THINKING BUSINESS
a blog by Chris Barrow

Back to work

I wonder what mood you are in this week

  1. OMG – here we go again, back in the hamster wheel;

  2. Wow – bring it on, let’s make 2015 a Christmas and New Year to celebrate.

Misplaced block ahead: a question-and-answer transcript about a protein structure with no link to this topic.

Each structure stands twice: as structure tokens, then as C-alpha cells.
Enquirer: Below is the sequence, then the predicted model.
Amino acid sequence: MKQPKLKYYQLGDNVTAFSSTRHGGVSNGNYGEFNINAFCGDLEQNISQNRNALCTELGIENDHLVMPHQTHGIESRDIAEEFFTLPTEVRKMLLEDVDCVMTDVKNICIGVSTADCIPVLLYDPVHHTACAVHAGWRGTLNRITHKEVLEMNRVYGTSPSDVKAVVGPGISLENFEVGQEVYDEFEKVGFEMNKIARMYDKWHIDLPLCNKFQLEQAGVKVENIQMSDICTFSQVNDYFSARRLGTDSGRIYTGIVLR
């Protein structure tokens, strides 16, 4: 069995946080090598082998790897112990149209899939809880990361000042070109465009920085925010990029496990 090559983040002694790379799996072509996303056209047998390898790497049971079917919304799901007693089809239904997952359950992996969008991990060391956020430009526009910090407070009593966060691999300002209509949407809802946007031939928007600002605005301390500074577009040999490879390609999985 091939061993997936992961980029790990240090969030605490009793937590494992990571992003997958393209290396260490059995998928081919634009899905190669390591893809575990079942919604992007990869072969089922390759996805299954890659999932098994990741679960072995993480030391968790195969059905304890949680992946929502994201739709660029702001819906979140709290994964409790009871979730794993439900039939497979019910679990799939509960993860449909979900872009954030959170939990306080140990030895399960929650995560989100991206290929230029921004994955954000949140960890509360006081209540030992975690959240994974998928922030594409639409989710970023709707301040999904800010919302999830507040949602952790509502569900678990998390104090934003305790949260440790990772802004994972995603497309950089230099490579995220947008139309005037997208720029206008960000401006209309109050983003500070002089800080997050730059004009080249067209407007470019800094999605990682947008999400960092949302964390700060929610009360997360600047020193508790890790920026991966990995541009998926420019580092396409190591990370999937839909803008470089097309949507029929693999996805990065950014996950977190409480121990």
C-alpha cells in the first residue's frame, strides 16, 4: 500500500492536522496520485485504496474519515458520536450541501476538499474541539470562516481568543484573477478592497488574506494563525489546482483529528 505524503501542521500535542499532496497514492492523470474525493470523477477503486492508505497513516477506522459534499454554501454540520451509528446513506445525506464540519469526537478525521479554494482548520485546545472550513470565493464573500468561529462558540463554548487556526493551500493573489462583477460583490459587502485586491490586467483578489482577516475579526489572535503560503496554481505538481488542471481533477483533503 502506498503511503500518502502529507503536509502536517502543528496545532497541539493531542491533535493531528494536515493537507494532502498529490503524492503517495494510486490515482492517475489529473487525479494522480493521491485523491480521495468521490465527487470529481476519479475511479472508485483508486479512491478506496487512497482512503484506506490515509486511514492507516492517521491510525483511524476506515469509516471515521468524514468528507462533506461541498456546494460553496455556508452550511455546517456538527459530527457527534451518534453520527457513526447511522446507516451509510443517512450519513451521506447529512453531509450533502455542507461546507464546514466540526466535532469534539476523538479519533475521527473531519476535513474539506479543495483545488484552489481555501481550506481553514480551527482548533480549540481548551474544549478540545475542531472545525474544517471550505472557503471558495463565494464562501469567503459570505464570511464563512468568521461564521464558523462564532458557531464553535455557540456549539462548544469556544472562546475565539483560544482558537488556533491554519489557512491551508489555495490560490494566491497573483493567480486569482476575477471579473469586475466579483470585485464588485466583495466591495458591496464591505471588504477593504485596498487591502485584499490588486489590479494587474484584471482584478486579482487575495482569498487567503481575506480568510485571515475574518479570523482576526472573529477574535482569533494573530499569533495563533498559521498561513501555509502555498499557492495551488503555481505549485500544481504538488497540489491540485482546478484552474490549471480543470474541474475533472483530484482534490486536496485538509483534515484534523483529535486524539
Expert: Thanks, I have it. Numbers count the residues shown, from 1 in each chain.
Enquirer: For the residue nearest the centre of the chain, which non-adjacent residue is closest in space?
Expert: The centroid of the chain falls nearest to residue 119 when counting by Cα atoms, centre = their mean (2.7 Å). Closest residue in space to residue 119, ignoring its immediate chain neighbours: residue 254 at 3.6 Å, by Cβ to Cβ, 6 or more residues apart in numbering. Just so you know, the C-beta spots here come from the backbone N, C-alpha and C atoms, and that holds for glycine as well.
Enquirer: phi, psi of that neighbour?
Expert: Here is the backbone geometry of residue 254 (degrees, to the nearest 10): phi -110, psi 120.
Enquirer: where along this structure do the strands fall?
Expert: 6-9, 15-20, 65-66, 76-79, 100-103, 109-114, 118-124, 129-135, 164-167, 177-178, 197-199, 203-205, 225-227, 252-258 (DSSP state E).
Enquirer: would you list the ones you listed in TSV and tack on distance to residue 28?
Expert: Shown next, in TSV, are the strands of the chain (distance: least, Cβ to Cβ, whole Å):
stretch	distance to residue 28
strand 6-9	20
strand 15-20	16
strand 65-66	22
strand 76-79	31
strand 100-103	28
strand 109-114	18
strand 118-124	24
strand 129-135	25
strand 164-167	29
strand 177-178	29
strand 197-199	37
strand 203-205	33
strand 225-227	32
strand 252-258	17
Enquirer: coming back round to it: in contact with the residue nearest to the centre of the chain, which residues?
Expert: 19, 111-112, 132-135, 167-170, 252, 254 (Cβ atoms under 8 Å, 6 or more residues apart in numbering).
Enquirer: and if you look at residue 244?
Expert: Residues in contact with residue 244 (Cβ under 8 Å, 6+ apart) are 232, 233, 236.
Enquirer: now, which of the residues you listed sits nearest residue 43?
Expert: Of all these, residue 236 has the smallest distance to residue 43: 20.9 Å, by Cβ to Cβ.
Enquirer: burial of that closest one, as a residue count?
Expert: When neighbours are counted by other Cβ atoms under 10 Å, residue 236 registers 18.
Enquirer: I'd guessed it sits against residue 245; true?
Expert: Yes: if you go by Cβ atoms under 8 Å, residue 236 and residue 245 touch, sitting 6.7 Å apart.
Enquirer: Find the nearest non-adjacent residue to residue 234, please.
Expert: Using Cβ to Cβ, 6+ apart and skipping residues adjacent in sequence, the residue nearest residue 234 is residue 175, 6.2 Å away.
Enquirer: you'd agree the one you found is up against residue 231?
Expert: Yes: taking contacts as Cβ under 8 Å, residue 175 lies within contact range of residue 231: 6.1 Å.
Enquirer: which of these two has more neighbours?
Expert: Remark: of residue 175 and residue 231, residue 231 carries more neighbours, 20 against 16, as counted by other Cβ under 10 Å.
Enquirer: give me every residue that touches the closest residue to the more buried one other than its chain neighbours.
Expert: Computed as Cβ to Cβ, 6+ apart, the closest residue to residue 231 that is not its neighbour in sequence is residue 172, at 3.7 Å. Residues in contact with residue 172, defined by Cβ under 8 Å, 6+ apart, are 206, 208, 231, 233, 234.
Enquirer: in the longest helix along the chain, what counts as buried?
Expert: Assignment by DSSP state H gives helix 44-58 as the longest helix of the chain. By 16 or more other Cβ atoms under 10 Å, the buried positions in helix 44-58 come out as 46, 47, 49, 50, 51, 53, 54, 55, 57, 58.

Was your August Bank Holiday evening tinged with regret at the fact that the alarm clock will become your daily companion again, looking backwards at your time “off” with sweet sorrow? Or did you celebrate a summer of refreshment, re-charge and re-connection – then look forward to a final 4 months of accumulating progress towards a fantastic year end? Covey taught us that “between stimulus and response there is choice”. We choose our mood and our attitude. I’m willing to bet that you can quickly construct a list of reasons why your life is a pain in the neck right now. The situations, things and relationships that you are tolerating and which are making you less happy. I’m told there is an old Hebrew proverb that if our lists of problems were posted on a wall and we were free to read everyone’s, we would choose to take our own back every time. Equally, I bet you have a list of reasons why you love your life. The situations, things and relationships that make you feel better about yourself. Funny how that second list gets less of an airing? We all carry both lists around with us and choose which to memorise, recite internally and share with our tribes. Over the years I’ve noticed that there are times when you have to focus on the “good” list to maintain a mood of self-confidence. The CBT people encourage us to write down a list of three positive achievements at the start or end of a day (from the previous 24 hours) and keep that list handy for 28 consecutive days, suggesting that this mild brainwashing will lift our spirit. I’ve done that more than once, sometimes shared the lists on social media daily – and have to report the benefits are palpable. So, whatever your mood, I’m going to suggest a little self-improvement exercise for you. From today – write down each day your three best achievements – and remember that anything goes – “closed that big sale” to “walked the dog”, to “fleetingly saw the bottom of my email in-box” – no matter how small – every achievement counts. Keep the list handy and review at the end of every 7 days. After 28 days, read the whole list – and decide whether you still need the brainwashing. I’m laying a bet that you won’t.

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